Gauging the broader public’s propensity to engage in bank-branch oriented financial activities via digital engagement modes stands out as one of the bigger conundrums financial institutions wrestle. The article outlines the findings of a study delving into the financial activities many of us take on in the course of our day-to-day lives, and how apt we are to conduct each of those financial activities digitally or in-person.
It is clear that there is a growing need to serve the increasingly digital consumer that is no longer defined by demographic variables like age and income, but by the way an entire segment of the population hopes to engage. The strategic impact and resultant actions may differ by institution, but the ability to decrease costs and improve customer satisfaction rides in the balance.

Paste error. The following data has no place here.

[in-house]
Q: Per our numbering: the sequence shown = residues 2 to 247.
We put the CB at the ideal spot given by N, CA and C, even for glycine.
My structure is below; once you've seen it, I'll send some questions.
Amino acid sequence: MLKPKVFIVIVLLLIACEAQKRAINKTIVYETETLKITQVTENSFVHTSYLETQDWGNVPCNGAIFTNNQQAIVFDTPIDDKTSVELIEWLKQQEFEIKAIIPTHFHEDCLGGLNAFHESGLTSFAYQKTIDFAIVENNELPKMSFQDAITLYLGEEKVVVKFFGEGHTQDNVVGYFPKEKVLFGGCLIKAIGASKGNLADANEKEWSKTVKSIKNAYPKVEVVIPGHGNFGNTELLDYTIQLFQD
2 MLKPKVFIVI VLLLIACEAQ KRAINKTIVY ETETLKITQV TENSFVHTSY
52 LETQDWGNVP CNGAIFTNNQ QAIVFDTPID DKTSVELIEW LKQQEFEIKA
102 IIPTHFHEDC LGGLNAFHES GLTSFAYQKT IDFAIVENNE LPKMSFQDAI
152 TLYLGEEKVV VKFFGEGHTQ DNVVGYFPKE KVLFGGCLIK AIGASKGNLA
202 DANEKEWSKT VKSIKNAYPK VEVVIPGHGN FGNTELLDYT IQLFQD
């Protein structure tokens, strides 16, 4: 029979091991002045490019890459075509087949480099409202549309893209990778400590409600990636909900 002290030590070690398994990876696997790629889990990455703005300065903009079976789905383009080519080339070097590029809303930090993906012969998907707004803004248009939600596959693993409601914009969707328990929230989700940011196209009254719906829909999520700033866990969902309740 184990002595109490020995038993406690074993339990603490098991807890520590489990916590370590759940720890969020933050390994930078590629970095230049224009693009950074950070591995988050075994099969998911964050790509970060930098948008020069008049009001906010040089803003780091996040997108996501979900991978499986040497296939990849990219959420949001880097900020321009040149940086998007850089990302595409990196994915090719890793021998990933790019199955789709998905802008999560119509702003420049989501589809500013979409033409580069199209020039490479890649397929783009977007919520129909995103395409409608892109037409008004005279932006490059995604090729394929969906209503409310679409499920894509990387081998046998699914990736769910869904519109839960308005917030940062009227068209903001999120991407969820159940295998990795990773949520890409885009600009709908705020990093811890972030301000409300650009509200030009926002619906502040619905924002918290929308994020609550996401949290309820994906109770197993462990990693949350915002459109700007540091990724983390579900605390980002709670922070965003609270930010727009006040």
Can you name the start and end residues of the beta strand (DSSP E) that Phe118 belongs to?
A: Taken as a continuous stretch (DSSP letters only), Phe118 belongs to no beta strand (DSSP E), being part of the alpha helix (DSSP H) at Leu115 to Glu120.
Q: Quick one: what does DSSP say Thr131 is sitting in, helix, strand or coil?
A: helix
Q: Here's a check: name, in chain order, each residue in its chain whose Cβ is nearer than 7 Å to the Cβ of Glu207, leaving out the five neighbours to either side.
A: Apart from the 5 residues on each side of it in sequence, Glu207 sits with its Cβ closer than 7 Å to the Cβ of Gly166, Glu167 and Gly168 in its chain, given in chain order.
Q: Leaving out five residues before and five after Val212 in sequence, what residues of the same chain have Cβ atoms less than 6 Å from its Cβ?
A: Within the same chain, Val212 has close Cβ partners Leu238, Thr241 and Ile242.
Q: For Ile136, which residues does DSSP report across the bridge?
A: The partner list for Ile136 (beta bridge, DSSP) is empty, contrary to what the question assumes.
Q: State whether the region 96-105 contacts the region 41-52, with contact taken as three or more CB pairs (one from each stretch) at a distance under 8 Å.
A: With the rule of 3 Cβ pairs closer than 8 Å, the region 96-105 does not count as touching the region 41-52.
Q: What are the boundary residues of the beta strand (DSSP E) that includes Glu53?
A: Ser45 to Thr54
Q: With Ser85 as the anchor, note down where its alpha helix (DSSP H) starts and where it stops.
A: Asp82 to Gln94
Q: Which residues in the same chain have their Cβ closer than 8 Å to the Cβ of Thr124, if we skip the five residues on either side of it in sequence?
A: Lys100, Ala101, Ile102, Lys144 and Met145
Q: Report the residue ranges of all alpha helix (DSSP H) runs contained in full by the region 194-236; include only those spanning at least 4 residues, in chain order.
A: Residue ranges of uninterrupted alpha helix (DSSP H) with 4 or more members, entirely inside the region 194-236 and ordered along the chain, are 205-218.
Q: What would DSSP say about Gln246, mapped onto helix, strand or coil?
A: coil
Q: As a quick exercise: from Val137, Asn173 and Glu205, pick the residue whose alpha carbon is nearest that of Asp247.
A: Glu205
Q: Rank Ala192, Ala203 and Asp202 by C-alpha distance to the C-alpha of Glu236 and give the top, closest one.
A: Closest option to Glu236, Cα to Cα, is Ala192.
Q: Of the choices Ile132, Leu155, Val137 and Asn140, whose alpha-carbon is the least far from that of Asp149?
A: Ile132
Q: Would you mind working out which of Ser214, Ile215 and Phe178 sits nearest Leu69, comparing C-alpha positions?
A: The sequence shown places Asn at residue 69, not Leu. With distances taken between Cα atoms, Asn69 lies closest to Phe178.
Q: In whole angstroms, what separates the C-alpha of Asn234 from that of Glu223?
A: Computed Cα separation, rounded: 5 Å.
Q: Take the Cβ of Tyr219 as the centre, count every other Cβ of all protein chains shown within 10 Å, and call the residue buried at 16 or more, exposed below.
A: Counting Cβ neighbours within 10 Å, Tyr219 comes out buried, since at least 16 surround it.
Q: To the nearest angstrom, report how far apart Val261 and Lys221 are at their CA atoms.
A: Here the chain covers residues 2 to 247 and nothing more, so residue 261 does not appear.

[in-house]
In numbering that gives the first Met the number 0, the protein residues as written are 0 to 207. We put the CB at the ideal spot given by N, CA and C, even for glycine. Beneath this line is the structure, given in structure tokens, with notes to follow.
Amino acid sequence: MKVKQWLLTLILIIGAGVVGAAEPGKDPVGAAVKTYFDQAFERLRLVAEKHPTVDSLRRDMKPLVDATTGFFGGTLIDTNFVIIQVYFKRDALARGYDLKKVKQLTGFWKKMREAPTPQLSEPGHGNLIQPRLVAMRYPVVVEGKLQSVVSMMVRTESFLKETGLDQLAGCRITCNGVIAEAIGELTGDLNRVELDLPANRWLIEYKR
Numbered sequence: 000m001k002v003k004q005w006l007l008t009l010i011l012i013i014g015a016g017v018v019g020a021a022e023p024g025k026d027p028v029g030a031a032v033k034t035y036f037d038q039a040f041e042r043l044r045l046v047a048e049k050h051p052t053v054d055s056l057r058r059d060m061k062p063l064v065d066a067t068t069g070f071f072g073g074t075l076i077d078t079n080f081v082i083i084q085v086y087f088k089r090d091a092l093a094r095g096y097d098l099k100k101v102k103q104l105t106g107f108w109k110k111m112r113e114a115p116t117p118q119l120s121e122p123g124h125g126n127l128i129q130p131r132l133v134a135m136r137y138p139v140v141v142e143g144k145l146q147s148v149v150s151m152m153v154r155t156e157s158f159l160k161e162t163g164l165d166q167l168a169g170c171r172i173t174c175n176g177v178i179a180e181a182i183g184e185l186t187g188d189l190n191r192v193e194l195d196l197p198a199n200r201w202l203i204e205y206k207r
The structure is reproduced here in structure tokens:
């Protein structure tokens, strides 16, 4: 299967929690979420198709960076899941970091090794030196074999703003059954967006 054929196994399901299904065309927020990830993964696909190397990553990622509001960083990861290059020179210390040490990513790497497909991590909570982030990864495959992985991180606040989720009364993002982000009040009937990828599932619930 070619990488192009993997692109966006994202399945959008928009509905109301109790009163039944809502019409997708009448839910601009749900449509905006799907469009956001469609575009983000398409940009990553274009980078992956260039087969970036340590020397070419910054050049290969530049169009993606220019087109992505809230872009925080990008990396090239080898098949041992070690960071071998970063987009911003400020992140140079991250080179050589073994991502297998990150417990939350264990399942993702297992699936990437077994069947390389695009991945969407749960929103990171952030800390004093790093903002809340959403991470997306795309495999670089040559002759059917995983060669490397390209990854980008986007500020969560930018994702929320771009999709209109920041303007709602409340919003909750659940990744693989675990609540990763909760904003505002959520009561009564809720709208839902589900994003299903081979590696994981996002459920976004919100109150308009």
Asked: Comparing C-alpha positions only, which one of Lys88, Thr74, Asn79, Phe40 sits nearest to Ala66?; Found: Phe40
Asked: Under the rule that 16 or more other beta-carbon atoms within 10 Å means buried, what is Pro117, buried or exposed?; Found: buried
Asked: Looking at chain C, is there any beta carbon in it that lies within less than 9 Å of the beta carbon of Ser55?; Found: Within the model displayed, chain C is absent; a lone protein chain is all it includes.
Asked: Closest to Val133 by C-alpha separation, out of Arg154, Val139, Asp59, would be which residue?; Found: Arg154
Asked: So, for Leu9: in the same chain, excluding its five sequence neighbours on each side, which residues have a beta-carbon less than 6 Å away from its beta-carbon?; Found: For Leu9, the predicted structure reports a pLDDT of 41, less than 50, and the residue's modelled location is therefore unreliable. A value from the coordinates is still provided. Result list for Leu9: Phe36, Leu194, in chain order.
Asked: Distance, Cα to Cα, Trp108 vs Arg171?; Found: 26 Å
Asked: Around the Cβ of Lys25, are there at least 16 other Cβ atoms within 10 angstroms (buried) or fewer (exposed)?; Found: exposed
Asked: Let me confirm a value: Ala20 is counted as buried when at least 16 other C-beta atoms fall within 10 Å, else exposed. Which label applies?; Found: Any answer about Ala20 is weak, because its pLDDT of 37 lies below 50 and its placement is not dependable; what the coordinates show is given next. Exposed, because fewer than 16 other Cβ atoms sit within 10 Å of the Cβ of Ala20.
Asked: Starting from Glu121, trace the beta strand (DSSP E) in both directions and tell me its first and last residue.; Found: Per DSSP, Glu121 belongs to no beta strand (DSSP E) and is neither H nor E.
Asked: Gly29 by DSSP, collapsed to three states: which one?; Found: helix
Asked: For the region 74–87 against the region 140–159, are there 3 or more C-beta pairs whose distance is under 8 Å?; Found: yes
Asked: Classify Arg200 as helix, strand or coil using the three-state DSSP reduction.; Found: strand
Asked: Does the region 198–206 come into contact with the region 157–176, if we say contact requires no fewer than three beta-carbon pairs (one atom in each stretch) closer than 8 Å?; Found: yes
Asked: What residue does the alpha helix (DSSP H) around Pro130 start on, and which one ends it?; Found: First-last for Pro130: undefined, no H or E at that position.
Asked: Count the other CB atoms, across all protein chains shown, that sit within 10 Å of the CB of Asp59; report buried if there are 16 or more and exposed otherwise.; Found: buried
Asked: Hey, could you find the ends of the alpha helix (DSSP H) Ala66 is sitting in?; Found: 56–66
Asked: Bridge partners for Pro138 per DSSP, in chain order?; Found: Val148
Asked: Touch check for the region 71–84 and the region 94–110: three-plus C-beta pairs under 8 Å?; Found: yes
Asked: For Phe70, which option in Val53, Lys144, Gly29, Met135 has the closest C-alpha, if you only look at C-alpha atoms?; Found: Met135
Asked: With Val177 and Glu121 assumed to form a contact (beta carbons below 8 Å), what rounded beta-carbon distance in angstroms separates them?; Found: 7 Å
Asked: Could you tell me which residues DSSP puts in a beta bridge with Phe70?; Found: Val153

For any organization, the priorities should be to improve the digital deliverables that include making basic transactions (balance inquiry, funds transfer and bill payments) more simple and intuitive, while also making the next stages of engagement (account opening and check deposit) more easy to complete with an online and mobile device.
Mercator Advisory Group’s position aligns with the author in its recognition that financial institution customers are increasingly seeking to engage with said institutions in the manner they decide upon and are comfortable with using and will actively seek out those firms that are responsive to those decisions. It has been said, loosely paraphrased, that “bank” has increasingly become a verb and less a noun for many consumers. It is becoming increasingly apparent that those entities that insist on remaining product venue will be left behind by those focusing on providing services and facilitating customer objectives.
Overview by Joseph Walent, Senior Analyst, Emerging Technologies Advisory Service at Mercator Advisory Group
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